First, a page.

AVOIDANT PERSONALITY DISORDER
Avoidant personality disorder (sometimes abbreviated APD or AvPD), or anxious personality disorder, is a personality disorder characterised by a pervasive pattern of social inhibition, feelings of inadequacy, and extreme sensitivity to negative evaluation. People with avoidant personality disorder often consider themselves to be socially inept or personally unappealing, and avoid social interaction for fear of being ridiculed, humiliated, or disliked. They typically present themselves as loners and report feeling a sense of alienation from society.
Avoidant personality disorder usually is first noticed in early adulthood, and is associated with perceived or actual rejection by parent or peers during childhood. Whether the feeling of rejection is due to the extreme interpersonal monitoring attributed to people with the disorder is still an open question.
Diagnostic criteria (DSM-IV-TR)
The American Psychiatric Association's DSM-IV-TR, a widely used manual for diagnosing mental disorders, defines avoidant personality disorder as a "pervasive pattern of social inhibition, feelings of inadequacy, and hypersensitivity to negative evaluation, beginning by early adulthood and present in a variety of contexts, as indicated by four (or more) of the following:
Avoidant personality disorder is often confused with anti-social personality disorder; clinically the term 'anti-social' denotes sociopathy, not social inhibitions.
A mnemonic that can be used to remember the criteria for avoidant personality disorder is AVOIDER.
Link with other mental disorders
Research suggests that people with avoidant personality disorder, in common with social phobics, excessively monitor their own internal reactions when they are involved in social interaction. However, unlike social phobics they also excessively monitor the reactions of the people with whom they are interacting. The extreme tension created by this monitoring may account for the hesitant speech and taciturnity of many people with avoidant personality disorder. They are so preoccupied with monitoring themselves and others that producing fluent speech is difficult.
Avoidant personality disorder is reported to be especially prevalent in people with anxiety disorders, although estimates of comorbidity vary widely due to differences in (among others) diagnostic instruments. Research suggests that approximately 10-50% of the people who have a panic disorder with agoraphobia have APD, as well as about 20-40% of the people who have a social phobia. Some studies report prevalence rates of up to 45% among the people with a generalized anxiety disorder and up to 56% of the people with an obsessive-compulsive disorder (Van Velzen, 2002). Although it is not mentioned in the DSM-IV, earlier theorists have proposed a personality disorder which has a combination of features from borderline personality disorder and avoidant personality disorder, called "avoidant-borderline mixed personality" (APD/BPD) (Kantor, 1993, p.4).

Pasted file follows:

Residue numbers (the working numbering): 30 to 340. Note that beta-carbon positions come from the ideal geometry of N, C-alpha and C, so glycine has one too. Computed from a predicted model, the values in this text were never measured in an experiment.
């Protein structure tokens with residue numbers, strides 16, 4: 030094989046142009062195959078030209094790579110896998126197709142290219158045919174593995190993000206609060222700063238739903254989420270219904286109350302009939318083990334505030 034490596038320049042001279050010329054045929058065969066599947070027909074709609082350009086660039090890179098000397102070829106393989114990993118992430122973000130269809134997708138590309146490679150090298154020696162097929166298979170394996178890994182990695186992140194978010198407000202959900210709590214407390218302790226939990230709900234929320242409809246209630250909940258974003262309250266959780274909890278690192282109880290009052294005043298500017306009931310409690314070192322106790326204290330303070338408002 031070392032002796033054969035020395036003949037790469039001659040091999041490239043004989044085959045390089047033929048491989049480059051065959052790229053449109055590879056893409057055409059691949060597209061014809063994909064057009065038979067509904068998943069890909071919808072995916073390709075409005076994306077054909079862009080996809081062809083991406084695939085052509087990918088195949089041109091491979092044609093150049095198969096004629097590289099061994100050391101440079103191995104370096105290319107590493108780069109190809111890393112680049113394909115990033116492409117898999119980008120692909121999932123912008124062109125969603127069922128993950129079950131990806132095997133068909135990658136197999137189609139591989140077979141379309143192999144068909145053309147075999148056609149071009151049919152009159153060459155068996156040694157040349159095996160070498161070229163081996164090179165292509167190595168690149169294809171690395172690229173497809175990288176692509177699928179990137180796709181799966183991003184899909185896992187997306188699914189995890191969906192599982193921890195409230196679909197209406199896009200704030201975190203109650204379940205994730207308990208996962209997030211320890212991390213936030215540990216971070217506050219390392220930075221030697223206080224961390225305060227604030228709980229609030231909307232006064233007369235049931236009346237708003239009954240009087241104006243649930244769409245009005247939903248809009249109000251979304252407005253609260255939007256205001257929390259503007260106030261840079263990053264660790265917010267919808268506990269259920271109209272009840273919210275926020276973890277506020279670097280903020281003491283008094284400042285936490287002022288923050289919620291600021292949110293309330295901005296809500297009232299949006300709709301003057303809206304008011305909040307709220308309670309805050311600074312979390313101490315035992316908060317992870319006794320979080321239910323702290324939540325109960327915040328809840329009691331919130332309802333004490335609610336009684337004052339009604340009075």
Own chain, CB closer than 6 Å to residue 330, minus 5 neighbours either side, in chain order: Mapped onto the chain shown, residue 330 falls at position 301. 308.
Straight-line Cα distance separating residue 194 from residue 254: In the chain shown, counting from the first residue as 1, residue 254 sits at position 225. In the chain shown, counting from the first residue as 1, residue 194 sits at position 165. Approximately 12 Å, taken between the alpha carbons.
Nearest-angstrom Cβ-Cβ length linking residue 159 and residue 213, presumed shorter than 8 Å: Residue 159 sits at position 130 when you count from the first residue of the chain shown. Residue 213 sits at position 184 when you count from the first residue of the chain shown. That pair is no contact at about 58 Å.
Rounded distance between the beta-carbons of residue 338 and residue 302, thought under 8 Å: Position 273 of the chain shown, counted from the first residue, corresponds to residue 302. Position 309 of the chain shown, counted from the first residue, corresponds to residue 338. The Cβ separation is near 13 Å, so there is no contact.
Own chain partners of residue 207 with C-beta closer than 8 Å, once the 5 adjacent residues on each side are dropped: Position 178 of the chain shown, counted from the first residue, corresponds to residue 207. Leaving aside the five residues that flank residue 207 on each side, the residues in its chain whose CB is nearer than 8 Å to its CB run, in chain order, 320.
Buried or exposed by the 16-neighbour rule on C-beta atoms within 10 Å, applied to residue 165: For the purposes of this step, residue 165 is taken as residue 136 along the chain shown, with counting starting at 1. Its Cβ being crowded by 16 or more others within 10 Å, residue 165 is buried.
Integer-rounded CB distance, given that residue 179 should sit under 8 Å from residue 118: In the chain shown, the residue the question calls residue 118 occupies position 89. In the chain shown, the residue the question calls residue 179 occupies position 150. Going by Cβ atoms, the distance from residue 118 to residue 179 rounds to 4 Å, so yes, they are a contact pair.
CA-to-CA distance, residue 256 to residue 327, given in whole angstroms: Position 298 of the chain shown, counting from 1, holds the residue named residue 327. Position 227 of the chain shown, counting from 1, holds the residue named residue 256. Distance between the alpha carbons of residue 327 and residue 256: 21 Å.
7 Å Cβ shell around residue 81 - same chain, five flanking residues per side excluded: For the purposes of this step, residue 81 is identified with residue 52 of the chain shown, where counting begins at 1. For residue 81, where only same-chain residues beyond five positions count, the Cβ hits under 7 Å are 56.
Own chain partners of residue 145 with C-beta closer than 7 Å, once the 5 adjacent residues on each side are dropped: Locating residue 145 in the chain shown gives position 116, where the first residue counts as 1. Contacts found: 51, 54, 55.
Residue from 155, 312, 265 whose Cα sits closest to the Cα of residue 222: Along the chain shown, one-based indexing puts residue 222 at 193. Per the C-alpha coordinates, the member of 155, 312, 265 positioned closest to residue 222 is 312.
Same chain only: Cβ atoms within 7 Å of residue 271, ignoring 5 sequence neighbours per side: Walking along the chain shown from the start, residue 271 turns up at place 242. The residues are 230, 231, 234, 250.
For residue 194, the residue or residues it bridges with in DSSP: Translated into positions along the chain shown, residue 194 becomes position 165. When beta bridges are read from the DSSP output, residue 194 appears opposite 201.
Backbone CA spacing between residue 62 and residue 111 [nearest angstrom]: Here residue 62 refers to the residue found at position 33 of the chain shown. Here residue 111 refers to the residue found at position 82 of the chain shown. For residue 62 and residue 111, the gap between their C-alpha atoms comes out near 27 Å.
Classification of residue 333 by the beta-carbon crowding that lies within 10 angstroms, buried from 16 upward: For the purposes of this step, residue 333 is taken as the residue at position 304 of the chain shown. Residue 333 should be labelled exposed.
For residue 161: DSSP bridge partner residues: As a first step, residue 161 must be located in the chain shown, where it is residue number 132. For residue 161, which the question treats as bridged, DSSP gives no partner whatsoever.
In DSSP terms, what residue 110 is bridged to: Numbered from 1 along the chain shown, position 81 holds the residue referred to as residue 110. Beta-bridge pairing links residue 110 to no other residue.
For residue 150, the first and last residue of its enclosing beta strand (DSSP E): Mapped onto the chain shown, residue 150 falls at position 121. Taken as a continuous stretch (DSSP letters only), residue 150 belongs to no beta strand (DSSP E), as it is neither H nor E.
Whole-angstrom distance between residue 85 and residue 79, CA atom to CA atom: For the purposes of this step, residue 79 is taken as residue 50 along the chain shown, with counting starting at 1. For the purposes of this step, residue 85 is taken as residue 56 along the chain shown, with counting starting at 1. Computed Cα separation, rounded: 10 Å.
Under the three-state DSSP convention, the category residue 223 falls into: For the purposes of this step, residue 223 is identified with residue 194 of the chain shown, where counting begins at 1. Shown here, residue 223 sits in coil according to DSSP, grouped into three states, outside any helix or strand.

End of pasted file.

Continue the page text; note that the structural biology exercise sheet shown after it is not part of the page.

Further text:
Treatment of avoidant personality disorder can employ various techniques, such as social skills training, cognitive therapy, exposure treatment to gradually increase social contacts, group therapy for practicing social skills, and sometimes drug therapy (Comer, 1996). A key issue in treatment is gaining and keeping the client's trust, since people with APD will often start to avoid treatment sessions if they distrust the therapist or fear rejection. The primary purpose of both individual therapy and social skills group training is for individuals with avoidant personality disorder to begin challenging their exaggeratedly negative beliefs about the self (Eckleberry, 2000). While not endorsed by the psychological community, a number of websites have appeared which purport to offer tips to people with avoidant personality disorder. The main idea which runs through these websites, an idea with which the psychological community would agree, is that persons suffering APD have unrealistically negative views about themselves, and that challenging these beliefs is the first step to overcoming this affliction.
LINKS and REREFENCE
Avoidant Personality Disorder Support Groups and Forums
Information and Support at the Official Avoidant Personality Disorder Webpages
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